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Cardiovascular Outcome Profiles of Anti-Diabetes Medications

  • Rekha B. KumarEmail author
Chapter

Abstract

A 71-year-old male with a 15-year history of type II diabetes and coronary artery disease who had one stent placed 3 years ago presents to his primary care doctor for management of obesity prior to knee replacement surgery. The patient is advised that he should lose approximately 25–30 lbs prior to undergoing surgery. His current BMI is 39 kg/m2 with a height of 5′10 and weight of 270 lbs. He is on pioglitazone 45 mg and glimepiride 2 mg daily for his diabetes. He reports significant weight gain over the past decade, particularly after starting his current medicines. He tries to follow a 1700 kcal/day diet but finds that his blood sugar occasionally feels low although he is not checking his glucose frequently but eats granola bars when he feels this way. He often feels that his blood sugar drops overnight and needs to eat a snack at that time as well. His hemoglobin A1c is 8.3% and he has mild neuropathy.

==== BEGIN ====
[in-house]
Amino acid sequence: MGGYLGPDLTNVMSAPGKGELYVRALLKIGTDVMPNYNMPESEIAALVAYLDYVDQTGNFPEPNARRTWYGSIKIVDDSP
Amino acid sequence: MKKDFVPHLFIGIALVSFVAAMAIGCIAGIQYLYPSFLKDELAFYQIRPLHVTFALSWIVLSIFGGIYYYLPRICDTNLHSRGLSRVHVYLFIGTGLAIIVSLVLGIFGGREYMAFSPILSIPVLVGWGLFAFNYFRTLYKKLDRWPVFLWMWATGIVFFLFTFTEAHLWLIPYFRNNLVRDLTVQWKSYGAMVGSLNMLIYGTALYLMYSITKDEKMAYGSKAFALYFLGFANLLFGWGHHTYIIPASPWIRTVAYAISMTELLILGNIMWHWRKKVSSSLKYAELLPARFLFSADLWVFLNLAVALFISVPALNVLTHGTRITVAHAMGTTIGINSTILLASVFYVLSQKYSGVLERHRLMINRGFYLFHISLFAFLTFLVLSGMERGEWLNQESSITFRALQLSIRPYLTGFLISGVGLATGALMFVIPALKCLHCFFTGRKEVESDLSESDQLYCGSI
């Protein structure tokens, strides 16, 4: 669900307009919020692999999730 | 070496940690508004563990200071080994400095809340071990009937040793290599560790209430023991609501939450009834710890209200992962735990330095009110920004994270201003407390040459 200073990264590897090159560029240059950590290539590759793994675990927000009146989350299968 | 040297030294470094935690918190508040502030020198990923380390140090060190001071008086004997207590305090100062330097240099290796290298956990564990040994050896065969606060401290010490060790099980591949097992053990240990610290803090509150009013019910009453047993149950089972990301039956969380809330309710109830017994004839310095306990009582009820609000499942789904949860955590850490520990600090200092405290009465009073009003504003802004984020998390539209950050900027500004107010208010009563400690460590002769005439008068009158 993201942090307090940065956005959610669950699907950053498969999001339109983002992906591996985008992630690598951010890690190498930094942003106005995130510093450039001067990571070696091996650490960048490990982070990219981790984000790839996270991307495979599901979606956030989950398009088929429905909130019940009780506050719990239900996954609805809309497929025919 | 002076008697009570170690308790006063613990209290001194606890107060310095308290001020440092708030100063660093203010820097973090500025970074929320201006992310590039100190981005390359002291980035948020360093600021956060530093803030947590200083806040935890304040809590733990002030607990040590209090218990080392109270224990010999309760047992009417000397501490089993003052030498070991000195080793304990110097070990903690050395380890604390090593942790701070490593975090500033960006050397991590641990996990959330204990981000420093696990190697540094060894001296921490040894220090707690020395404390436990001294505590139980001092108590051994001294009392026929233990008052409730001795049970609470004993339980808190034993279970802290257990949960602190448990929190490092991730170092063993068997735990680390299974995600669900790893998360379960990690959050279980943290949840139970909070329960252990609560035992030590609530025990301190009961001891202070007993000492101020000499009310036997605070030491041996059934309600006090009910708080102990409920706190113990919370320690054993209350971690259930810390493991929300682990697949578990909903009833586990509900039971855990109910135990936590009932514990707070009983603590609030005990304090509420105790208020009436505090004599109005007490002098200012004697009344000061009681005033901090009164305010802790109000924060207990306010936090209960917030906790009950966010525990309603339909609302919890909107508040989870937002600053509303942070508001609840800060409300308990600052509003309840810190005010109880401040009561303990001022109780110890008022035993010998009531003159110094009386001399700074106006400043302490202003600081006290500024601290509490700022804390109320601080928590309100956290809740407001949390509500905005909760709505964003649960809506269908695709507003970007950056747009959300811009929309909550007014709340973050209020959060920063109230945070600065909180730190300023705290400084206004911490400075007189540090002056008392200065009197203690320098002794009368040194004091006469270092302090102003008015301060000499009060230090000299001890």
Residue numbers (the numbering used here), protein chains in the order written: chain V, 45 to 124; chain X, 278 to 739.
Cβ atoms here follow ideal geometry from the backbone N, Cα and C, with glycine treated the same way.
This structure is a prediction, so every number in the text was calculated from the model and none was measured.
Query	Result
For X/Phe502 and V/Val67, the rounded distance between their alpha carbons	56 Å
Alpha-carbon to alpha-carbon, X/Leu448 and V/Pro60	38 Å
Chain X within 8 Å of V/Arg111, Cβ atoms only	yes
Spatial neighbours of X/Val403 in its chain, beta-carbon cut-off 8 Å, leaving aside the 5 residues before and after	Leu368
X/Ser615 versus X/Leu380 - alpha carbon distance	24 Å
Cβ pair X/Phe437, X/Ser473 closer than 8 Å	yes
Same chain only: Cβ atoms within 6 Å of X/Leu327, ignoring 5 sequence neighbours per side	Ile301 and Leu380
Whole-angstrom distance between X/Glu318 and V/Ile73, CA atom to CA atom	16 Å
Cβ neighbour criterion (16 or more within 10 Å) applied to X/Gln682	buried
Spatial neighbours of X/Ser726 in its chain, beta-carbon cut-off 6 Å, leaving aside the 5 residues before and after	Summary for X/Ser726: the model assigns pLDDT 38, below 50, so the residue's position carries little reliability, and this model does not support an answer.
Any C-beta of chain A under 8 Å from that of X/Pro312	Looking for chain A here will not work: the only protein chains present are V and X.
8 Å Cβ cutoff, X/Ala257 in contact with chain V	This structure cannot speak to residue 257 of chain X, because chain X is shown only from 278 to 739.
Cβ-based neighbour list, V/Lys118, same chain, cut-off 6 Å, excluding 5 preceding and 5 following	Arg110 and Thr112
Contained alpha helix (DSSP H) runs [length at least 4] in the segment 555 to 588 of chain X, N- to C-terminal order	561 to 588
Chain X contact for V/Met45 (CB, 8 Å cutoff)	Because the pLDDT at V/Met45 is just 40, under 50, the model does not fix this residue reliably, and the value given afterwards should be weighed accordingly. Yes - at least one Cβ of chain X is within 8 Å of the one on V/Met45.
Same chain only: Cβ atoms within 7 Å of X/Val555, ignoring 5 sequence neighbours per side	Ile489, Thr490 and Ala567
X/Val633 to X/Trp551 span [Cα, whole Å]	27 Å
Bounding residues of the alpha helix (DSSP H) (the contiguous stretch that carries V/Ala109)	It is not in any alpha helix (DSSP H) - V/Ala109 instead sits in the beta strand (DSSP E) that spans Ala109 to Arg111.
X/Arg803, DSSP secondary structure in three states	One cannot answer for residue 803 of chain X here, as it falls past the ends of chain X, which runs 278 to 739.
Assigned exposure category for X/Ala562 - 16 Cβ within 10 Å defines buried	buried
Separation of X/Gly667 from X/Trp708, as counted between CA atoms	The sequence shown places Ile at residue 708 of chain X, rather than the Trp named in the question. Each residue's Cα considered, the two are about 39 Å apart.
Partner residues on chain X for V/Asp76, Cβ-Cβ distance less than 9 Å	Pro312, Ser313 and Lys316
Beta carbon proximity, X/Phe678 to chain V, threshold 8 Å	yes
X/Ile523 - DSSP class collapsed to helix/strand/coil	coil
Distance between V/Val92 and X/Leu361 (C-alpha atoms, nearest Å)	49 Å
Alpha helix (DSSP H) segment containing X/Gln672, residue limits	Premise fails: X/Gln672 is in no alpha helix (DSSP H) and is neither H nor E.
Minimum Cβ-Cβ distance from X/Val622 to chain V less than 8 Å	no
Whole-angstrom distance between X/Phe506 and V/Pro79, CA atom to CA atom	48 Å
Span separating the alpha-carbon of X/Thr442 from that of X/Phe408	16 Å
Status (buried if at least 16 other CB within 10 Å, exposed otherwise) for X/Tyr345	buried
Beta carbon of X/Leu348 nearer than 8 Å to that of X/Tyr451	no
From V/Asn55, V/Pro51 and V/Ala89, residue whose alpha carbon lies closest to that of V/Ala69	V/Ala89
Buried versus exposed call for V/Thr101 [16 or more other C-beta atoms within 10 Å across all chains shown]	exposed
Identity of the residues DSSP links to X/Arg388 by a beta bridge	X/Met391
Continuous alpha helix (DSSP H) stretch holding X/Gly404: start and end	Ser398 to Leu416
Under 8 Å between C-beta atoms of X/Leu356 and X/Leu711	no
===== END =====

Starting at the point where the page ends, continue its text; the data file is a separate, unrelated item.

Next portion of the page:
Keywords

Anti-diabetes medication Coronary artery disease Hypoglycemia Sulfonylurea Metformin 

References

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    Rita R. Kalyani et al. ADA’s Professional Practice Committee. Summary of revisions: standards of medical care in diabetes—2018. Diabetes Care. 2018;41(Supplement 1):S4–6.Google Scholar
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    Cefalo W, et al. Cardiovascular outcomes trials in type 2 diabetes: where do we go from here? Reflections from a diabetes care editors’ expert forum. Diabetes Care. 2018;41(1):14–31.CrossRefGoogle Scholar
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Copyright information

© Springer Nature Switzerland AG 2019

Authors and Affiliations

  1. 1.Comprehensive Weight Control Center, Division of EndocrinologyDiabetes and Metabolism, Weill Cornell Medical CollegeNew YorkUSA

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